from~DREAMCATCHERS for Abused Children Blog~myspace

May 18, 2009

Warning Signs of an Abusive Personality

An abusive man/woman …



smashes things


calls you names

makes you feel ugly and useless

cuts you off from your friends

stops you working

never admits he is wrong

blames you, drugs, drink, stress etc.

turns the children against you

uses the children to control you

never does his share of the housework

never looks after the children

expects sex on demand

controls the money

threatens or wheedles you to get his own way

seduces your friends/sister/anyone

expects you to be responsible for his well-being

A non-abusive man/woman …

is cheerful



tells you you look good

tells you you’re competent

uses your name

trusts you

trusts your judgment

welcomes your friends and family

encourages you to be independent

supports your learning, career etc.

admits to being wrong

is a responsible parent

is an equal parent

does his share of the housework

accepts that you have a right to say "no" to sex

shares financial responsibility

takes responsibility for his own well-being and happiness

Warning Signs of an Abusive Personality

It is sometimes possible to predict the likelihood of the person you are currently or are about to become involved with being abusive. Below are a list of behaviors and traits which are common in abusive personalities. These are commonly known as Warning Signs.
While not all abusive people show the same signs, or display the tendencies to the same extent, if several behavioral traits are present, there is a strong tendency toward abusiveness. Generally, the more signs are present, the greater the likelihood of violence. In some cases, an abuser may have only a couple of behavioral traits that can be recognized, but they are very exaggerated (e.g. extreme jealousy over ridiculous things).
Often the abuser will initially try to explain his/her behavior as signs of his/her love and concern, and the victim may be flattered at first; as time goes on, the behaviors become more severe and serve to dominate, control and manipulate the victim.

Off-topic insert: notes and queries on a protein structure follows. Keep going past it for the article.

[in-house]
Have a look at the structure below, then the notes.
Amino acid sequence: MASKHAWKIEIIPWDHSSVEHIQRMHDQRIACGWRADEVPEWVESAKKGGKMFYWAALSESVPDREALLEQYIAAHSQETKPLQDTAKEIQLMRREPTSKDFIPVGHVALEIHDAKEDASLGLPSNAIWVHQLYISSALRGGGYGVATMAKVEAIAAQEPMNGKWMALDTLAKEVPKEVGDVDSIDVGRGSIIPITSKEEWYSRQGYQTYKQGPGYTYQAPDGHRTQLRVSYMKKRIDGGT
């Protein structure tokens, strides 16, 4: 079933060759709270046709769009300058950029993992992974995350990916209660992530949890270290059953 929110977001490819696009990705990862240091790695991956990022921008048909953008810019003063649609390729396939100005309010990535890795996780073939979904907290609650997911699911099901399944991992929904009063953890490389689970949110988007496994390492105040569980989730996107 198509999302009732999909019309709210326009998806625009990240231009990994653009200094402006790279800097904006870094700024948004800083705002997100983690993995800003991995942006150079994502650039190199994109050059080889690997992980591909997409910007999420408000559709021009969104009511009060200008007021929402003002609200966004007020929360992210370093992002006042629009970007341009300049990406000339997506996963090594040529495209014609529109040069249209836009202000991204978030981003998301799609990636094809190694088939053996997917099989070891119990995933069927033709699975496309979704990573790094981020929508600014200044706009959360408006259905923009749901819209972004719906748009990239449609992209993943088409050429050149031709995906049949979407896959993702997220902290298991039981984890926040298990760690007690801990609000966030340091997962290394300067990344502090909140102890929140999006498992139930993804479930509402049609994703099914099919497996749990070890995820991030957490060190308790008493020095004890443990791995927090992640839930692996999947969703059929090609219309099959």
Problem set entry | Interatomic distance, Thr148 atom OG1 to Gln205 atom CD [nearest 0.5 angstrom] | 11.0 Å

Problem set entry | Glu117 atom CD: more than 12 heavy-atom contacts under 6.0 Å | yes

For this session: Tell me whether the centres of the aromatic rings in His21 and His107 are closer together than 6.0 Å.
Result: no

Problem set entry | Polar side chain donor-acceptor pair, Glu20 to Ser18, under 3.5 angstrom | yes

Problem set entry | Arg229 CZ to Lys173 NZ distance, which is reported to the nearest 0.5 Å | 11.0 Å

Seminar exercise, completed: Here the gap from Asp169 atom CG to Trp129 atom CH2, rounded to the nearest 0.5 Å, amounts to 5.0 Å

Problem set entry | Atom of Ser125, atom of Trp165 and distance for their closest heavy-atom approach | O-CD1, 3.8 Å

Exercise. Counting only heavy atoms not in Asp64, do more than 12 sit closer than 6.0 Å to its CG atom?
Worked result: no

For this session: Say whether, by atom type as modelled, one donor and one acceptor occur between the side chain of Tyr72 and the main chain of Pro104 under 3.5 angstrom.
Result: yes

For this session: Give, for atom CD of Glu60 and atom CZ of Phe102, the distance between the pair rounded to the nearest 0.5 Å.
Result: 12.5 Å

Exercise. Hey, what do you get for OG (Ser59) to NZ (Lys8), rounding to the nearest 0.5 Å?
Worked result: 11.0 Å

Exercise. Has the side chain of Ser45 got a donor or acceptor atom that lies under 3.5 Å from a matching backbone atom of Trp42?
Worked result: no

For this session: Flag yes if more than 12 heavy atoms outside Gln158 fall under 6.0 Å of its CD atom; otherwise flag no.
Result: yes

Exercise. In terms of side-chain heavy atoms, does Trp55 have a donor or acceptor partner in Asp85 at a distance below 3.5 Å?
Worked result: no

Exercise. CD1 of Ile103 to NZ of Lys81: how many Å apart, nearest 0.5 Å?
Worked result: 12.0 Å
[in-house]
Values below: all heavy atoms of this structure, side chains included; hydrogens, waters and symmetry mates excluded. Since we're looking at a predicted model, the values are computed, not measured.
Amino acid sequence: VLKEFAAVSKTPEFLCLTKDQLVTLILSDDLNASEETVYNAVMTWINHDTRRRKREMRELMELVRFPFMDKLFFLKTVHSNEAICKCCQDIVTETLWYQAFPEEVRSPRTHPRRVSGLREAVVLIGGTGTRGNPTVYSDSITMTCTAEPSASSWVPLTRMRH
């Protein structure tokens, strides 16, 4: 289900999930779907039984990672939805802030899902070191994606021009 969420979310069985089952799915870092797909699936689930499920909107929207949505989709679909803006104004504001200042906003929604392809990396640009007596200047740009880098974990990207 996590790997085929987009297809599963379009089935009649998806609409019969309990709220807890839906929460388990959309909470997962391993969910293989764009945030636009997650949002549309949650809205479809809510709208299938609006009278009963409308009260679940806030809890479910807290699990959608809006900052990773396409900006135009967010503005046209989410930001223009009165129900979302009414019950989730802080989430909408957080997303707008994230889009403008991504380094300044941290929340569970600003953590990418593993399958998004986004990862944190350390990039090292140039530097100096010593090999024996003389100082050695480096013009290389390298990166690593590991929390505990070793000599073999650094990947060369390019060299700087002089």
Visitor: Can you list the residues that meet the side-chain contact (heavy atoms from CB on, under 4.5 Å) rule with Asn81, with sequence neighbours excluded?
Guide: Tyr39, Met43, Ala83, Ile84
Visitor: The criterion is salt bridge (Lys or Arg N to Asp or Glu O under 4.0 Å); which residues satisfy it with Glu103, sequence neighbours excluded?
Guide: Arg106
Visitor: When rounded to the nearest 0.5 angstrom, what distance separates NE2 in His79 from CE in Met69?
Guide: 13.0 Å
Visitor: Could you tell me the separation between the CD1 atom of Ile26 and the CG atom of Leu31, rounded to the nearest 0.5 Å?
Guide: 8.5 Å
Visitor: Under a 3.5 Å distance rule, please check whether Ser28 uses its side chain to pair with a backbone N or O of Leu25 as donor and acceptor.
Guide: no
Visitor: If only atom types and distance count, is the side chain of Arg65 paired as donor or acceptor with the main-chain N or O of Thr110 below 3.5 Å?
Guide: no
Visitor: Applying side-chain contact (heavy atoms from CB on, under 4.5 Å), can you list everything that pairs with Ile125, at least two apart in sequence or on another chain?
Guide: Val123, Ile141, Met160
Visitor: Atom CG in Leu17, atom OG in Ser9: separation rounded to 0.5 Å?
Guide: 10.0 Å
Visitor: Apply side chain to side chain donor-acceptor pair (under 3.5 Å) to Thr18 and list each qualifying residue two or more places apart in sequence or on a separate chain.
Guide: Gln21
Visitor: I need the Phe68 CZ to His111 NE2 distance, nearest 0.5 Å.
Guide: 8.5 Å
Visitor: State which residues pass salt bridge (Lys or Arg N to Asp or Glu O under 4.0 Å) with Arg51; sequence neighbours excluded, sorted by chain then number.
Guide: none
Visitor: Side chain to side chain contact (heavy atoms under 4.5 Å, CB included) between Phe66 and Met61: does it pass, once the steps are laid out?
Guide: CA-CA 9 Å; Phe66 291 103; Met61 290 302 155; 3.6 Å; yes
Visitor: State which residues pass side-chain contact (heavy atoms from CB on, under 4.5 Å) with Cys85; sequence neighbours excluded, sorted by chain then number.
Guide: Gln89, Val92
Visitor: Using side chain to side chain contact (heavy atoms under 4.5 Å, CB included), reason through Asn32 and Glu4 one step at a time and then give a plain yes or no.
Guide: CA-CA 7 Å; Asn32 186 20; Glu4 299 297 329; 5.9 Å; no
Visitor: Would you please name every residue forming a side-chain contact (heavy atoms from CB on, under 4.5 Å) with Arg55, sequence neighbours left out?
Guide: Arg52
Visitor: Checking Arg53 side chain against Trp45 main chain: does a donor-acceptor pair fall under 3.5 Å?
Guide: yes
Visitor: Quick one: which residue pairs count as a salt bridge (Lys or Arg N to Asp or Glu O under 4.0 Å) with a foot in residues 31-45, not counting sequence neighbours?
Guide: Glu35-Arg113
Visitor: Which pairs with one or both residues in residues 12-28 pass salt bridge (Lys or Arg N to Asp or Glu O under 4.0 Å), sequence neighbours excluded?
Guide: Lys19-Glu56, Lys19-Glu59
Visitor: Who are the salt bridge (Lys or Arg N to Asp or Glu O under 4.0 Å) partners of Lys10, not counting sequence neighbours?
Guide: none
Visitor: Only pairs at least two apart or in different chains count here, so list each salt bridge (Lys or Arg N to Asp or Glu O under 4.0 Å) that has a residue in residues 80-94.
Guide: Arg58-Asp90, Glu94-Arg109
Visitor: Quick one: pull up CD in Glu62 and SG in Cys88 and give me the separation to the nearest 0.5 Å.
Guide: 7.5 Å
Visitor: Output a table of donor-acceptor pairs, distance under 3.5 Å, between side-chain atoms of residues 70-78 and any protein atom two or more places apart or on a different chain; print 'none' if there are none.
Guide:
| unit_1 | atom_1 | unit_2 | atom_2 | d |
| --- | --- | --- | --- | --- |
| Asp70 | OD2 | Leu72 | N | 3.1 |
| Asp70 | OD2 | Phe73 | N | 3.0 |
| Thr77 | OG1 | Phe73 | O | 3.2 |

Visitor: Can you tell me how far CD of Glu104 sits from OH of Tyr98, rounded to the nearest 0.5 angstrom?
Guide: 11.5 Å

At the beginning of a relationship, an abuser will always say the jealousy is a sign of love. He/she may question you about whom you have spoken to or seen during the day, may accuse you of flirting, or be jealous of time you spend with family, friends, children or hobbies which do not include him/her. As the jealousy progresses, he/she may call you frequently during the day or drop by unexpectedly. He may be unhappy about or refuse to let you work for fear you’ll meet someone else, check the car mileage or ask friends to keep an eye on you. Jealousy is not proof of love, it is a sign of insecurity and possessiveness.
Controlling Behavior
Controlling behavior is often disguised or excused as concern. Concern for your safety, your emotional or mental health, the need to use your time well, or to make sensible decisions. Your abuser may be angry or upset if you are ‘late’ coming back from work, shopping, visiting friends, etc., even if you told him/her you would be later back than usual. Your abuser may question you closely about where you were, whom you spoke to, the content of every conversation you held, or why you did something he/she was not involved in. As this behavior gets worse, you may not be allowed to make personal decisions about the house, clothing, going to church or how you spend your time or money or even make you ask for permission to leave the house or room. Alternately, he/she may theoretically allow you your own decisions, but penalize you for making the wrong ones. Concern for our loved ones to a certain extent is normal – trying to control their every move is not.
Quick Involvement
Many victims of abuse dated or knew their abuser for less than six months before they were engaged or living together. The abuser will often claim ‘love at first sight’, that you are ‘made for each other’, or that you are the only person whom he could ever talk to so openly, feel so at home with, could understand him so well. He/she may tell you that they have never loved anyone so much or felt so loved by anyone so much before, when you have really only known each other for a short amount of time. He/she needs someone desperately, and will pressure you to commit to him/her or make love before you feel the relationship has reached ‘that stage’. He/she may also make you feel guilty for not committing yourself to him/her.